A review – Windows PowerShell Scripting Guide

As a User Group leader, I have the chance to review books for MSPress (and then give a copy away to the user group too!). So at the end of last month I got sent a copy of Windows PowerShell Scripting Guide, by Ed Wilson (I hope that link works – if it doesn’t, find it in the Windows section).

I wasn’t sure what to expect of this book. I had just done a presentation at the user group about PowerShell with SQL Server, and I was curious to see what kinds of things this book covered. People ask me now and then about a book for learning PowerShell, and I wanted to see if this could be the one to recommend.

As a book for learning PowerShell, I’m not sure that it’s really the best one to grab. I intend to get a look at Microsoft Windows PowerShell Step By Step (also by Ed Wilson) to see how it compares. But that doesn’t mean that I won’t recommend this book to people.

What this book does give is a nice overview of PowerShell, followed by a bunch of areas within Windows for which people often do scripting. So for me, this is really handy. I don’t consider myself much of a Windows Administrator, and this book does a nice job of filling in some of the gaps. It’s quite heavy on the WMI side, but that’s probably fair enough (considering that you really can’t do much in Windows Scripting before wanting to take advantage of WMI). It goes through subjects such as services, shares, logs, networking, user admin, IIS, and more. As someone involved primarily on the SQL side, I’m not sure how much I’m really going to use much of this, but there will definitely be times when I do. Scripts for creating local users and groups will certainly come in handy, as will many others in the book.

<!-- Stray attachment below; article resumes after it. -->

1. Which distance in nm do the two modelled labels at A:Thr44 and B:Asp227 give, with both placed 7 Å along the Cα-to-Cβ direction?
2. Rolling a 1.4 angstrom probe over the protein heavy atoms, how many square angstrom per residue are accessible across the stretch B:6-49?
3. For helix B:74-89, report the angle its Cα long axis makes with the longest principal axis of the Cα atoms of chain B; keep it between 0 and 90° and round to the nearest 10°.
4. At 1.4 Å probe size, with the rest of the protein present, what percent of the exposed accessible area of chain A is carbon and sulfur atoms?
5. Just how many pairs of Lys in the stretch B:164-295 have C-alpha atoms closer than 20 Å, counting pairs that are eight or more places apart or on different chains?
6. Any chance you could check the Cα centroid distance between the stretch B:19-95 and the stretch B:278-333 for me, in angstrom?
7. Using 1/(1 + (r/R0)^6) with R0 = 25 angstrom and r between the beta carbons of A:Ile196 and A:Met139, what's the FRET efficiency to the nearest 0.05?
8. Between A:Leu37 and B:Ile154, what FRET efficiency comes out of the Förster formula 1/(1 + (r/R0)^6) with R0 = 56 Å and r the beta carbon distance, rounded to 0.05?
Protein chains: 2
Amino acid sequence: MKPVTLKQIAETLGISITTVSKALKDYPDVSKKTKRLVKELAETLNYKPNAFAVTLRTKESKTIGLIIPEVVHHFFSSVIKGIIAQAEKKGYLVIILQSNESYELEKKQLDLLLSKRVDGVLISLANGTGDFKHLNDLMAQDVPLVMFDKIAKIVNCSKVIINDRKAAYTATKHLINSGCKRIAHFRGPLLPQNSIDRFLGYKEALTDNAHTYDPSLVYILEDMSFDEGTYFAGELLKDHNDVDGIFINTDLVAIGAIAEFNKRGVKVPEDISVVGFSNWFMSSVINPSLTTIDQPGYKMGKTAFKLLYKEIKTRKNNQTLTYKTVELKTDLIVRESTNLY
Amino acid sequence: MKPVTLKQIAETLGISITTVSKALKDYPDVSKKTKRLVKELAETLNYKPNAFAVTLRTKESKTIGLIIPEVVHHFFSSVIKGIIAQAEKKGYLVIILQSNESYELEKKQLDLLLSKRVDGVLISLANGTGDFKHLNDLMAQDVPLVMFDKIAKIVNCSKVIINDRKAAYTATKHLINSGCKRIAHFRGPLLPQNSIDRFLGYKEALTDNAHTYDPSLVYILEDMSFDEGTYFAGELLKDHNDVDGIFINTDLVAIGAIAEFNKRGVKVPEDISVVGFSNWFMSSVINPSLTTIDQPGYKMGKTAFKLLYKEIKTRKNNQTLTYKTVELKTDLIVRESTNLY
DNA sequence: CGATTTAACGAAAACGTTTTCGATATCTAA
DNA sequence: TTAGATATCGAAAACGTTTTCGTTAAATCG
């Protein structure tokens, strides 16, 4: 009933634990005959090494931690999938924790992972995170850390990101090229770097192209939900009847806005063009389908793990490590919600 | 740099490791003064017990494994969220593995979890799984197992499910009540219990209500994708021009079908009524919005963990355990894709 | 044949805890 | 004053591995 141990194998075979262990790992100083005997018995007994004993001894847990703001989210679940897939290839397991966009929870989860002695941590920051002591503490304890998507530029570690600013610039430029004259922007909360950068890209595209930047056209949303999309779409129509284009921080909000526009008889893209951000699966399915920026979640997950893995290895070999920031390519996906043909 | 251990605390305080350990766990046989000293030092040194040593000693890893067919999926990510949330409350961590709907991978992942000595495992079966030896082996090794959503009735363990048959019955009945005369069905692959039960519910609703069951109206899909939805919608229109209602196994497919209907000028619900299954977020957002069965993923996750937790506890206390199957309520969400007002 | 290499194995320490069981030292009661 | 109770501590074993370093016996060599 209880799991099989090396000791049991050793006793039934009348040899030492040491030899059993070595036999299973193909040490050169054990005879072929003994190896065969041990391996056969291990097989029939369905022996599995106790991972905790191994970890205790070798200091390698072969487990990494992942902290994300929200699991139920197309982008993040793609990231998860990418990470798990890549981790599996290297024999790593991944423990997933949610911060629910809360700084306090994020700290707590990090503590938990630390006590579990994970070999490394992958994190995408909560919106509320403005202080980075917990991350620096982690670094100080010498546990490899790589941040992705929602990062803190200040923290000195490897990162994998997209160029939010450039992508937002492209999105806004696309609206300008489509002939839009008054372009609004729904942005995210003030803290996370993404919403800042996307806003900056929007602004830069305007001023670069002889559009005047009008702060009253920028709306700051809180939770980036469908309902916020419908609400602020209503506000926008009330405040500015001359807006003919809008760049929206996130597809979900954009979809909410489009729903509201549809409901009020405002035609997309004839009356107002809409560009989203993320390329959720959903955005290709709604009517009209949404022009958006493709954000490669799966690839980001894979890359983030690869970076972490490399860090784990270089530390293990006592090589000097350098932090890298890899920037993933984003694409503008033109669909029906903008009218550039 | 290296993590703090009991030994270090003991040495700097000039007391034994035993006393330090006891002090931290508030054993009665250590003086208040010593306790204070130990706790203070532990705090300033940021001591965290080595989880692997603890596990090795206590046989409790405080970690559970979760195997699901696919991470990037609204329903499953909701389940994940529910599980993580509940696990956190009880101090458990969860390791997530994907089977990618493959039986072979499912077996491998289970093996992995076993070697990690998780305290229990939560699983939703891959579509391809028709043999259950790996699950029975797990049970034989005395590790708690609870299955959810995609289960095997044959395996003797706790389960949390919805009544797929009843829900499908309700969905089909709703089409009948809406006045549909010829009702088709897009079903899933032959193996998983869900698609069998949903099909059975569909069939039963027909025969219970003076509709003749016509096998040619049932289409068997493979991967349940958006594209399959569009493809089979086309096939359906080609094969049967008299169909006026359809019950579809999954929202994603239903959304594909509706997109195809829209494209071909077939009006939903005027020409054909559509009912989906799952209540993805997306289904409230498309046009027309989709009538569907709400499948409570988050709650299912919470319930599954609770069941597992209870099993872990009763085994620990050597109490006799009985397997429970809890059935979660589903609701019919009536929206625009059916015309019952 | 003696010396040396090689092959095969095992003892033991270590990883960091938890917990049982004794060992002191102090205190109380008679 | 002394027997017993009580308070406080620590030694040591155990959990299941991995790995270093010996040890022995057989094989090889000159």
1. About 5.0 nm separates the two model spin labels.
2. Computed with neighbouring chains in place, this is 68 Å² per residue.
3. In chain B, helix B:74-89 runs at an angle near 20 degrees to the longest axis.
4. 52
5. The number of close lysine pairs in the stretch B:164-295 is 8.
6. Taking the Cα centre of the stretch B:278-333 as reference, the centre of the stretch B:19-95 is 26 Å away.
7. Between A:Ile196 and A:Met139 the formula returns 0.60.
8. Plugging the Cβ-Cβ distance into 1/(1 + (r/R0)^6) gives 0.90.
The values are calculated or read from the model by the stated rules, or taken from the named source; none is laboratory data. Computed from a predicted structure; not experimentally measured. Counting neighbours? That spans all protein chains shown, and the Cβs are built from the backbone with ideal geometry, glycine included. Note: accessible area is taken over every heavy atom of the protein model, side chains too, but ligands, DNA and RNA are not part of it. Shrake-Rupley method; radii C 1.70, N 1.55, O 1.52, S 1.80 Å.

This book also comes with a CD, containing all the scripts that are in the book. It seems like a great resource, which I’m sure I’ll go back to repeatedly. The book is over 650 pages, which will certainly take up space in anyone’s bookshelf, but if you’re a Windows Administrator, or someone who’s just looking to expand their PowerShell ability, then I can thoroughly recommend it.

If you’re a member of my user group, then you can currently buy this book for 40% less than the price listed at the MSPress store, but as well as that I’ll have a copy of it to give away at the March meeting.

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